Rep. Dale Washburn, a Republican from Macon, plans to introduce a bill soon to reduce some of the control of local governments to regulate housing design standards, which critics say can add to the cost. Local government organizations, however, oppose the controversial plan that they argue unfairly takes away local control while not resolving a demand for housing that greatly exceeds the supply.

Washburn said his legislation will change the state building code to lower minimum lot sizes and square footage requirements, as well as some of the costs associated with sewer and water installation.

As Georgia’s population grows and more manufacturing and other jobs open up, it’s important to fill a widening homeownership gap so that generations of families can prosper, he said.

“I am all about freedom for Georgians to choose whether they want to buy or to lease,” Washburn said. “But I am also in favor of having the freedom to be able to buy a house at a certain price rather than be closed out of the home ownership market because of larger square foot requirements or concerns about construction design standards that go beyond health and safety.”

Clint Mueller, executive director of the Association County Commissioners of Georgia, said the design standards shouldn’t be relaxed to allow builders to build cheap housing that doesn’t stand the test of time.

“We don’t want them just building it, selling it off and all of a sudden two or three years later, it’s being rented out by some institutional investor that bought it at an affordable rate,” Mueller said. “We’d like there to be some claw-back provisions in these zones where it says OK, if we allow for certain governmental incentives, tax incentives and other things then we expect the project to be built to meet our definition for affordable housing and stay for a period of time.”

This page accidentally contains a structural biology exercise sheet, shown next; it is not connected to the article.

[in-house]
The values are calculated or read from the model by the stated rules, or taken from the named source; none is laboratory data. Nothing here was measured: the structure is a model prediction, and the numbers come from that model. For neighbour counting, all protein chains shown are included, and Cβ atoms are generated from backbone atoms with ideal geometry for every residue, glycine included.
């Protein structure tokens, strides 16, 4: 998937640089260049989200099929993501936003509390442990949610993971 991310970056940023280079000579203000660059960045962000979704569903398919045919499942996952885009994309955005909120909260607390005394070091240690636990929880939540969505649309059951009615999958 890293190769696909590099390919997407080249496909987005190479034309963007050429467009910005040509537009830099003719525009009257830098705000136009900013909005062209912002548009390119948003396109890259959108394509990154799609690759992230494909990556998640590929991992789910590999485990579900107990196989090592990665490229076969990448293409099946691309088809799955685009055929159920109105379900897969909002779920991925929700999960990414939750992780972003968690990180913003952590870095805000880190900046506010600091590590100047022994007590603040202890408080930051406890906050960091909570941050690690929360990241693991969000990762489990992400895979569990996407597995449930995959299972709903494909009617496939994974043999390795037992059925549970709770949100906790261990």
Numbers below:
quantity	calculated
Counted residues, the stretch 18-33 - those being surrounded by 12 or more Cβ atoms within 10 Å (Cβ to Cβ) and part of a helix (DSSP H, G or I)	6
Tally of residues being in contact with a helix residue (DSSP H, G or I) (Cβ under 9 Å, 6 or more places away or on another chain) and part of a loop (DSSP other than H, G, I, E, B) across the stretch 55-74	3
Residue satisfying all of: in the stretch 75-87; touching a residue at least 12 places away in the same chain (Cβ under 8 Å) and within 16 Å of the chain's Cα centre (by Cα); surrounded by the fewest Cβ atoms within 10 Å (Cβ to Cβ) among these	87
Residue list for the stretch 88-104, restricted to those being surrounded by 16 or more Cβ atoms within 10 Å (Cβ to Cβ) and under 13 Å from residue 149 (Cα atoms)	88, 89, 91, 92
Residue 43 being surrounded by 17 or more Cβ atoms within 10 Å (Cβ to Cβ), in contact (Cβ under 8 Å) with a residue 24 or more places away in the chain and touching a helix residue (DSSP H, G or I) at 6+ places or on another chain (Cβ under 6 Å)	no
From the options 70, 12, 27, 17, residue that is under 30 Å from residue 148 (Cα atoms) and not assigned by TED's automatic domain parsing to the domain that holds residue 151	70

The debate about housing and zoning should be handled on a local level by city and county officials who are closest to their residents, he said.

“You can’t have that discussion or debate here at the state level because anything that the state does, it’s got to be a one size fits all statewide,” Mueller said.

House Bill 155 by State Rep. Chuck Martin (R-Alpharetta) would ease state occupational licensing for some new Georgians, according to the Center Square.

House Bill 155 would provide a pathway for the spouses of firefighters, health care providers and law enforcement officers who move to Georgia to immediately secure an occupational license if they hold a license in their previous state of residence and are in good standing.

Meanwhile, House Bill 212, the “Niche-Beauty Services Opportunity Act,” would reduce the requirements for those offering “niche beauty services,” including make-up artistry, eyebrow threading and blow-dry styling. It would distinguish between those providing “niche” services and similar offerings requiring licenses, such as cosmetologists and barbers.

Lieutenant Governor Burt Jones (R) and Senate President Pro Tem John Kennedy (R-Macon) seek an investigation of an overseas junket by their predecessors, according to the AJC.

The Atlanta Journal-Constitution reported Sunday that just before their terms ended, then-Lt. Gov. Geoff Duncan and Senate President Pro Tem Butch Miller led a 14-person delegation to Germany and England.

Duncan didn’t run for reelection and Miller lost in the Republican lieutenant governor’s primary to Jones. By the time the mid-November trip took place, voters had already selected their replacements.

“The recent AJC article about last fall’s study committee raises serious concerns about the use and purpose of Senate administrative funds in paying for travel expenses associated with this study committee,” Jones and Kennedy said in a joint statement. “Recent developments have brought to light that proper protocol may not have been followed in the budget approval process for this trip.

“We believe that transparency and ensuring that any travel paid using taxpayer dollars should have a direct connection to the legislature or bringing businesses and work into Georgia. We are taking this issue very seriously and our offices will investigate this process and ensure the most transparency for hardworking Georgians.”

Camden County Commissioners continue mucking about with the proposed spaceport, according to The Brunswick News.

The county is being sued for an alleged breach of the Georgia Open Records Act for its refusal to release spaceport related records to the public Goodman wants released.